I'm sorry to say that the article you are about to read is very unpleasant. You probably prefer not to be down in the dumps. You might also prefer not to watch the upcoming Netflix series, "A Series of Unfortunate Events," in which the Baudelaire siblings – Violet (Malina Weissman), Klaus (Louis Hynes) and Sunny (Presley Smith) – encounter numerous depths of despair once their parents suddenly perish in a suspicious fire. As if things couldn't get unfortunate enough, the Baudelaire's attempts at happiness are continuously foiled by their evil guardian, Count Olaf (Neil Patrick Harris), who has sworn to get his hands on the Baudelaire fortune – even if that means employing a little deception. ("Deception," which here means to "deceive someone," or, in short, to trick them.)
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Even after the success of the 2004 movie "A Series of Unfortunate Events" with Jim Carey, Netflix has decided to cause more misery and turn the famed book series by Lemony Snicket into an even gloomier television show. As a dedicated fan that has pledged to watch this Netflix series to make sure that every detail is correct, I have sealed my fate. Netflix, on the other hand, has caused mass excitement as they add this miserable story to their web-streaming shows – why lure fans in to something that will cause them unhappiness?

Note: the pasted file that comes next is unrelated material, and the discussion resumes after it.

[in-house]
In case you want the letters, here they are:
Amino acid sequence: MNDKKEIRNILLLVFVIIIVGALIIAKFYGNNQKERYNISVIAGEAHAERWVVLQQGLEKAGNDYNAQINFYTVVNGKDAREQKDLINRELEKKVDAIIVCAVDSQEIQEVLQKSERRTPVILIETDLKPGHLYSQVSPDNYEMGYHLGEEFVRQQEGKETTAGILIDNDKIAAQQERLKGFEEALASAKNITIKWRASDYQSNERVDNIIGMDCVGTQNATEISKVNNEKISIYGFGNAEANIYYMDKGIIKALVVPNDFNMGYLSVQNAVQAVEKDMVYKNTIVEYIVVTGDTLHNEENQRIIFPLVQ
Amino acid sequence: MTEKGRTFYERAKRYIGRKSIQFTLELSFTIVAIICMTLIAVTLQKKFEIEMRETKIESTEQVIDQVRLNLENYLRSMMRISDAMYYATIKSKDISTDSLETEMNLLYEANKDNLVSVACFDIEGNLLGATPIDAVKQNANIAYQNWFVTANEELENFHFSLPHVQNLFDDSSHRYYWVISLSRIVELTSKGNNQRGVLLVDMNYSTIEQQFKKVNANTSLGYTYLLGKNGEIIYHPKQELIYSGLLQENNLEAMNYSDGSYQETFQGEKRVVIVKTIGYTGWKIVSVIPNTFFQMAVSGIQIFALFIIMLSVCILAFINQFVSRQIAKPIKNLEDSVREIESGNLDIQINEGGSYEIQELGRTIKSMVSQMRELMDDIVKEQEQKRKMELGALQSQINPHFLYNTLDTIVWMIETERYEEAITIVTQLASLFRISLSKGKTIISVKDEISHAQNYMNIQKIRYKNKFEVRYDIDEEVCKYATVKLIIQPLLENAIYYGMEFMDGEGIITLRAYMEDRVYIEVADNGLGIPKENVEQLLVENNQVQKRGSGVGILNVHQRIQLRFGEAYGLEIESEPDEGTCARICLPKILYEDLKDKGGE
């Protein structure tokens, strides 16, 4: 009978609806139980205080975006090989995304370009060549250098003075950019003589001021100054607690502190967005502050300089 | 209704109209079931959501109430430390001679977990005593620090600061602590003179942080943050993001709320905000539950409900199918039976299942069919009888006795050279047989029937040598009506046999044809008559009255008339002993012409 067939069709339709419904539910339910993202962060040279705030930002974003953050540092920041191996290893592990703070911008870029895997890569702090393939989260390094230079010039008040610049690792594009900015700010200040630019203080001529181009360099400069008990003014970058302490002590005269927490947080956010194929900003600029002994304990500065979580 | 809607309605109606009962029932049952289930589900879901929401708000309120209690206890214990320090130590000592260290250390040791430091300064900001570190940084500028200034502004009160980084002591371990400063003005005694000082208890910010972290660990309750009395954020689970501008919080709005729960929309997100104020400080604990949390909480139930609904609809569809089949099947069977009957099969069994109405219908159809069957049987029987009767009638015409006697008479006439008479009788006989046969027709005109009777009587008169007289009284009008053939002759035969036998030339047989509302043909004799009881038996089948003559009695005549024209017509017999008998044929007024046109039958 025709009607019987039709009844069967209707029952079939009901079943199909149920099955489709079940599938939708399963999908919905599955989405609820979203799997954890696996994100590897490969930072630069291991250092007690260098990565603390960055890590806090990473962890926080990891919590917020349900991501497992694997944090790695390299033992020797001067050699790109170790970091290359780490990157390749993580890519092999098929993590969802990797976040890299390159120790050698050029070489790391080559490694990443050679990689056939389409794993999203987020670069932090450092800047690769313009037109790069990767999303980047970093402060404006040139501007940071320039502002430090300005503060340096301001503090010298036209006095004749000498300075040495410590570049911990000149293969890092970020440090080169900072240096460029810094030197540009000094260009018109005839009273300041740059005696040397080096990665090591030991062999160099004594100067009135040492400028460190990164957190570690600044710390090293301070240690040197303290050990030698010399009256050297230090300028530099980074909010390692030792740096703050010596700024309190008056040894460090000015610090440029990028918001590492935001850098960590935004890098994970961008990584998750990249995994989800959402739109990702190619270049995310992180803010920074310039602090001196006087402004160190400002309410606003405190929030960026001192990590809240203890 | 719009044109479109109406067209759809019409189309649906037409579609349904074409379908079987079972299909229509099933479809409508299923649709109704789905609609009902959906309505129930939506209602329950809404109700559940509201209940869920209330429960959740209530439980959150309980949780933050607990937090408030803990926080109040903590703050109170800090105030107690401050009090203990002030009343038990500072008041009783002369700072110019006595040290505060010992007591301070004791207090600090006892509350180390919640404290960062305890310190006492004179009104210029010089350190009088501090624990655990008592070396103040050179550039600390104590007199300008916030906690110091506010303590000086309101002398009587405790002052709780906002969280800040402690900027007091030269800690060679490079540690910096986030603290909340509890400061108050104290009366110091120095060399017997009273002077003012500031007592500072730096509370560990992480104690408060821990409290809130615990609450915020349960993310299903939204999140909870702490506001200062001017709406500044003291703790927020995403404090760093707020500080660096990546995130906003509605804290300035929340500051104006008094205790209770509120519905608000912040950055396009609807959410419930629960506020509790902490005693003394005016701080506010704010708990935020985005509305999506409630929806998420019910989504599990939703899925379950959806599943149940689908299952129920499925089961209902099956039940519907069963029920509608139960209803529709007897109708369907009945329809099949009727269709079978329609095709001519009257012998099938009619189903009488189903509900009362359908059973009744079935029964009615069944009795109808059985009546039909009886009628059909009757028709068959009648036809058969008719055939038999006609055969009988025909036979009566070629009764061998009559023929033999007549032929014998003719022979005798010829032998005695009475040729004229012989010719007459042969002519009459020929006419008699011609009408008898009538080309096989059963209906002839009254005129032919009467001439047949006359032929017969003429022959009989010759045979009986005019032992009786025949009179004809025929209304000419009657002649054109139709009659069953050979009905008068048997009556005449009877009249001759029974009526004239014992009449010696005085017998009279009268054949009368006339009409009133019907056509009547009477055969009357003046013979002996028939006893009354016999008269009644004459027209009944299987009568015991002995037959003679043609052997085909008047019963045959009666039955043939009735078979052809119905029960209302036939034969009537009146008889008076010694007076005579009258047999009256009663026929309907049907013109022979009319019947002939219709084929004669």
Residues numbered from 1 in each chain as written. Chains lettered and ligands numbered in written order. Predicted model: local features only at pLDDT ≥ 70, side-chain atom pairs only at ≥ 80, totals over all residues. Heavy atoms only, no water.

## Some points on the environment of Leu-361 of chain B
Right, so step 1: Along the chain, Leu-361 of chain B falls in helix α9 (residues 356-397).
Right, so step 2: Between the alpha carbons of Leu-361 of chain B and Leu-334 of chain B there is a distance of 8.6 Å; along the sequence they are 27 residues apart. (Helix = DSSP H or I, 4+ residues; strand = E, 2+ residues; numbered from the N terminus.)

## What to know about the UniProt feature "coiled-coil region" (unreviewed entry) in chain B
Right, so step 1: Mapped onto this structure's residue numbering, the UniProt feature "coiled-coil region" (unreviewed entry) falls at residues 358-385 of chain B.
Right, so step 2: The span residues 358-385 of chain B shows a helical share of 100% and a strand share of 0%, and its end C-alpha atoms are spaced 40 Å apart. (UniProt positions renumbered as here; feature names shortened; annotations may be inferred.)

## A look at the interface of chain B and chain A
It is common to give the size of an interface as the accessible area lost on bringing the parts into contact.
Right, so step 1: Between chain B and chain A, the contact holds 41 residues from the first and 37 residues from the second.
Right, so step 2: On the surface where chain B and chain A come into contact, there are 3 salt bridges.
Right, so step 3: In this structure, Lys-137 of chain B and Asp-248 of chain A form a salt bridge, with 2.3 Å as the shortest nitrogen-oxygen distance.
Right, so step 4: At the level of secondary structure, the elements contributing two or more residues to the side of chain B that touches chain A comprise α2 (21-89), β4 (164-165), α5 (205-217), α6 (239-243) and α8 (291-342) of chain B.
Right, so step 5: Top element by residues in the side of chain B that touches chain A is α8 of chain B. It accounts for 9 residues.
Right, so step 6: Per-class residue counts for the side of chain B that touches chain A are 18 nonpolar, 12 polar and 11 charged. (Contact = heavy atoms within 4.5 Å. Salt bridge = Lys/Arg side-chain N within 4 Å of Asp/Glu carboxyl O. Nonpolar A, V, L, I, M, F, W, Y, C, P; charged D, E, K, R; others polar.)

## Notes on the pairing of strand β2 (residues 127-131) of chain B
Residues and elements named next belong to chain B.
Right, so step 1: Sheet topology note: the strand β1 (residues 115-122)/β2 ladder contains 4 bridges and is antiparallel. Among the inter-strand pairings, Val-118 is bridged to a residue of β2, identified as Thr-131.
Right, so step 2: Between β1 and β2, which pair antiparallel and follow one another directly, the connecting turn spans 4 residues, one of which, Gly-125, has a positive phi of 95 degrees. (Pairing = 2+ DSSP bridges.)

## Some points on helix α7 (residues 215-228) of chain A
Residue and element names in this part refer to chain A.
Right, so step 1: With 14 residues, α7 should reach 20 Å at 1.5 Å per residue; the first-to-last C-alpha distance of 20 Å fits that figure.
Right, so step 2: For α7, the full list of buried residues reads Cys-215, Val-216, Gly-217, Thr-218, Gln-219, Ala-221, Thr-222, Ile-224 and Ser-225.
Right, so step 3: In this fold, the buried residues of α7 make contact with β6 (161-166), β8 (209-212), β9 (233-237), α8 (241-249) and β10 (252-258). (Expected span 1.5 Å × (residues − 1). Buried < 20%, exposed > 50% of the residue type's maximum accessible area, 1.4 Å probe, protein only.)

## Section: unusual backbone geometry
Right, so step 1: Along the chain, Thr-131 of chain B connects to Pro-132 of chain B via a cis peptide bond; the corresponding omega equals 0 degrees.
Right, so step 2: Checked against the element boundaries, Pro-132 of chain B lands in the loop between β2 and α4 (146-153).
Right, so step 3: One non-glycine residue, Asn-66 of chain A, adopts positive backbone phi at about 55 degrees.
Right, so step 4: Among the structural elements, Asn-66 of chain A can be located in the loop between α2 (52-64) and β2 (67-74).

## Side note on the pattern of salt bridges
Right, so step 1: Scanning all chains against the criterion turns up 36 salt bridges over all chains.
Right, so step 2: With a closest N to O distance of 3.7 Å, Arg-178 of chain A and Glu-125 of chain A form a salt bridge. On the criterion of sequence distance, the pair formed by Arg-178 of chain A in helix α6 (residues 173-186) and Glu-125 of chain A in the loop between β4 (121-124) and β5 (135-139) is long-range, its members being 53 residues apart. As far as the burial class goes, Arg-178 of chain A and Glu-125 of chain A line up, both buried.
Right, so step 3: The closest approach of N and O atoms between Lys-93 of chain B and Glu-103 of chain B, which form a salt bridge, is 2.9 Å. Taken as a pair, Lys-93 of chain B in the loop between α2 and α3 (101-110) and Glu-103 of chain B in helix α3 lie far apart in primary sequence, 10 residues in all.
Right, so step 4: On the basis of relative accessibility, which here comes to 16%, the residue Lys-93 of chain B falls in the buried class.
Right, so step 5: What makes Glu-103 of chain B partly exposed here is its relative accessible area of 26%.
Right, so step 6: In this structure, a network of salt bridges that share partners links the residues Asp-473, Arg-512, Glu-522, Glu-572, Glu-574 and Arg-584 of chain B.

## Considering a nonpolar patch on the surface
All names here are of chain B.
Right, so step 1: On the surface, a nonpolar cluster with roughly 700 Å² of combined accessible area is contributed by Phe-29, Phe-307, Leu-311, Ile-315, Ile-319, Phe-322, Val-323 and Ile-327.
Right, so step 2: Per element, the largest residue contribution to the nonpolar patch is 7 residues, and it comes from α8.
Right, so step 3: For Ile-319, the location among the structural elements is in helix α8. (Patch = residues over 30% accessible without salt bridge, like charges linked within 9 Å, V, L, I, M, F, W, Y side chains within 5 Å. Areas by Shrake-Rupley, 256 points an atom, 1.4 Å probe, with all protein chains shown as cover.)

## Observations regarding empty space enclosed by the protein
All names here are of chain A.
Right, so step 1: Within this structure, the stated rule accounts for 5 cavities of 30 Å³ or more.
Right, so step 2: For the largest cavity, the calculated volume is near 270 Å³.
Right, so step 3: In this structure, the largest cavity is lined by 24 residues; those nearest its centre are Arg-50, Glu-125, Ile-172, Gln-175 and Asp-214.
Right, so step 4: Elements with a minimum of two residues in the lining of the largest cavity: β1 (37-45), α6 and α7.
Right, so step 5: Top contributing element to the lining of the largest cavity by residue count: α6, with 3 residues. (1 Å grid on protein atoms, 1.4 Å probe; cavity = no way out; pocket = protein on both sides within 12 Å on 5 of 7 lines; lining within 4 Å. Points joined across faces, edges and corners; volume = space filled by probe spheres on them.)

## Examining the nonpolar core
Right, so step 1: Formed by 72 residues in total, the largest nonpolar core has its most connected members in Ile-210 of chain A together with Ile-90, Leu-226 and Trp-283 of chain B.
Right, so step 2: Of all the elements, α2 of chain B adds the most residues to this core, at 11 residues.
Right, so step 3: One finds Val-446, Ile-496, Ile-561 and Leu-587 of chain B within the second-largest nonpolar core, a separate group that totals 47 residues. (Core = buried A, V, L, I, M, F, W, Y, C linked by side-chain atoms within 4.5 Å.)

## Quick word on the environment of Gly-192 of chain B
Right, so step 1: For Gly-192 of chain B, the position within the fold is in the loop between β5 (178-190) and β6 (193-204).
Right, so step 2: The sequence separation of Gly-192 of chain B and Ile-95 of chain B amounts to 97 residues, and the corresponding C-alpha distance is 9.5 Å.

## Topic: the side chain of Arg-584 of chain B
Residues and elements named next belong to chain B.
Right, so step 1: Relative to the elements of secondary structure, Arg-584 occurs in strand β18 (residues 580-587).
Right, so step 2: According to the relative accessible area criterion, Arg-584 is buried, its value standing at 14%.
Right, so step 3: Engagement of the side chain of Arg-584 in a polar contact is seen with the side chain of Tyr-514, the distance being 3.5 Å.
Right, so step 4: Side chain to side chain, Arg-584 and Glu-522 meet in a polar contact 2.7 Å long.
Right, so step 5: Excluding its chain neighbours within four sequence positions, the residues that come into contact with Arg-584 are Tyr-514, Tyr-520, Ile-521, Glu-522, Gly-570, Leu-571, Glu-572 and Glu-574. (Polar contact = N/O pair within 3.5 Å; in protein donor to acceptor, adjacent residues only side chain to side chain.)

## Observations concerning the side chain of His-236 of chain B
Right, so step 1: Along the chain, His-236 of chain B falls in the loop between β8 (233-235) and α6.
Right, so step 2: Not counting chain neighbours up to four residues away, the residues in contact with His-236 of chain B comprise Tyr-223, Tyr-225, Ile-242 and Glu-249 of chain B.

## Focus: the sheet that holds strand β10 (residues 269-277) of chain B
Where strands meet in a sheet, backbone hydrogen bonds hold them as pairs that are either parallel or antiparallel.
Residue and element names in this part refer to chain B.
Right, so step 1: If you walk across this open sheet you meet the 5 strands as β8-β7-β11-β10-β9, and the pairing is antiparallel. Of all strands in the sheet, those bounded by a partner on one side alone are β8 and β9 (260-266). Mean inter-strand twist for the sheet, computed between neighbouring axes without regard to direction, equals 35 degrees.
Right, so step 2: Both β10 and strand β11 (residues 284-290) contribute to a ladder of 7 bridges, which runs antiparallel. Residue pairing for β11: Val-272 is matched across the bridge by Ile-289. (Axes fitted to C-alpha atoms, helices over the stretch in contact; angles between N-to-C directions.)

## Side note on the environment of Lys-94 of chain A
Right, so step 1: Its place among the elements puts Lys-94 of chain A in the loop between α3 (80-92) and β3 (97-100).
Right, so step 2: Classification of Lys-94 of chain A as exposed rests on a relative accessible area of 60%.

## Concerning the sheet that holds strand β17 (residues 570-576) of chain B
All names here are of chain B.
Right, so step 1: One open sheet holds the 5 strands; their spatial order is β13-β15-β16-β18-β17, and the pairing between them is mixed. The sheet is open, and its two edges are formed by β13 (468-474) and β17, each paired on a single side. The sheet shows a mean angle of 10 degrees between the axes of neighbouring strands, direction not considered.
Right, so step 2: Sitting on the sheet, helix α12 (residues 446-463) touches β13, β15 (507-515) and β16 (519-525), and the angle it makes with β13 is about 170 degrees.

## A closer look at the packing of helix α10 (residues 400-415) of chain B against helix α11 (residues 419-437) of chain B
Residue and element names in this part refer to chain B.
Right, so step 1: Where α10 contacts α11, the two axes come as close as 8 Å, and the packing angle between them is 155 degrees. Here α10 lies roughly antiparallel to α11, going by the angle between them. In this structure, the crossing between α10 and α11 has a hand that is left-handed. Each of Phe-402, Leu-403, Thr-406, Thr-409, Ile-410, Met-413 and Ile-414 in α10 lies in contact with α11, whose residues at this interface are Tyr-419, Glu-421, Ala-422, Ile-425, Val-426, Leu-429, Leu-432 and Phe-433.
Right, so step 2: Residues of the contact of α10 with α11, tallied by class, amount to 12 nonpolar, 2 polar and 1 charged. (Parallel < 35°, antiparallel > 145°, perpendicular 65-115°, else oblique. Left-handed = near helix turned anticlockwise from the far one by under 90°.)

My point: there are many pleasing things to watch, but this series contains none of them. Within Season 1's eight episodes are such awful details as the Baudelaire's first encounters with Count Olaf, slimy snakes and Uncle Monty (Aasif Mandvi), a rickety house and the ever-so nervous Aunt Josephine (Alfre Woodard), and a mysterious lumber mill. As if it couldn't get any worse, a very startling character with many different names – Stephano, Captain Sham and Shirley – seems to pop up anytime the Baudelaire's are put in the care of new guardian. Ironically, all three of these people have a tattoo of an eye on their left ankle and a surly crew involving a Hook-Handed Man (Usman Ally), two white-faced women (Jacqueline and Joyce Robbins) and an unidentifiable henchman (Matty Cardarople) with them at all times. Surely you have better things to do than watch this troubling television show.
It is my sad duty to report this unpleasant, upcoming series for USC Annenberg Media, but there should be nothing stopping you from avoiding the very unfortunate trailer posted below and instead doing something happy and fun – you know, if you like that sort of thing.
With all due respect,
All eight episodes in the first season of "A Series of Unfortunate Events" will be available Friday, Jan. 13, 2017 on Netflix.
Reach staff reporter Adrianne Ramsey here.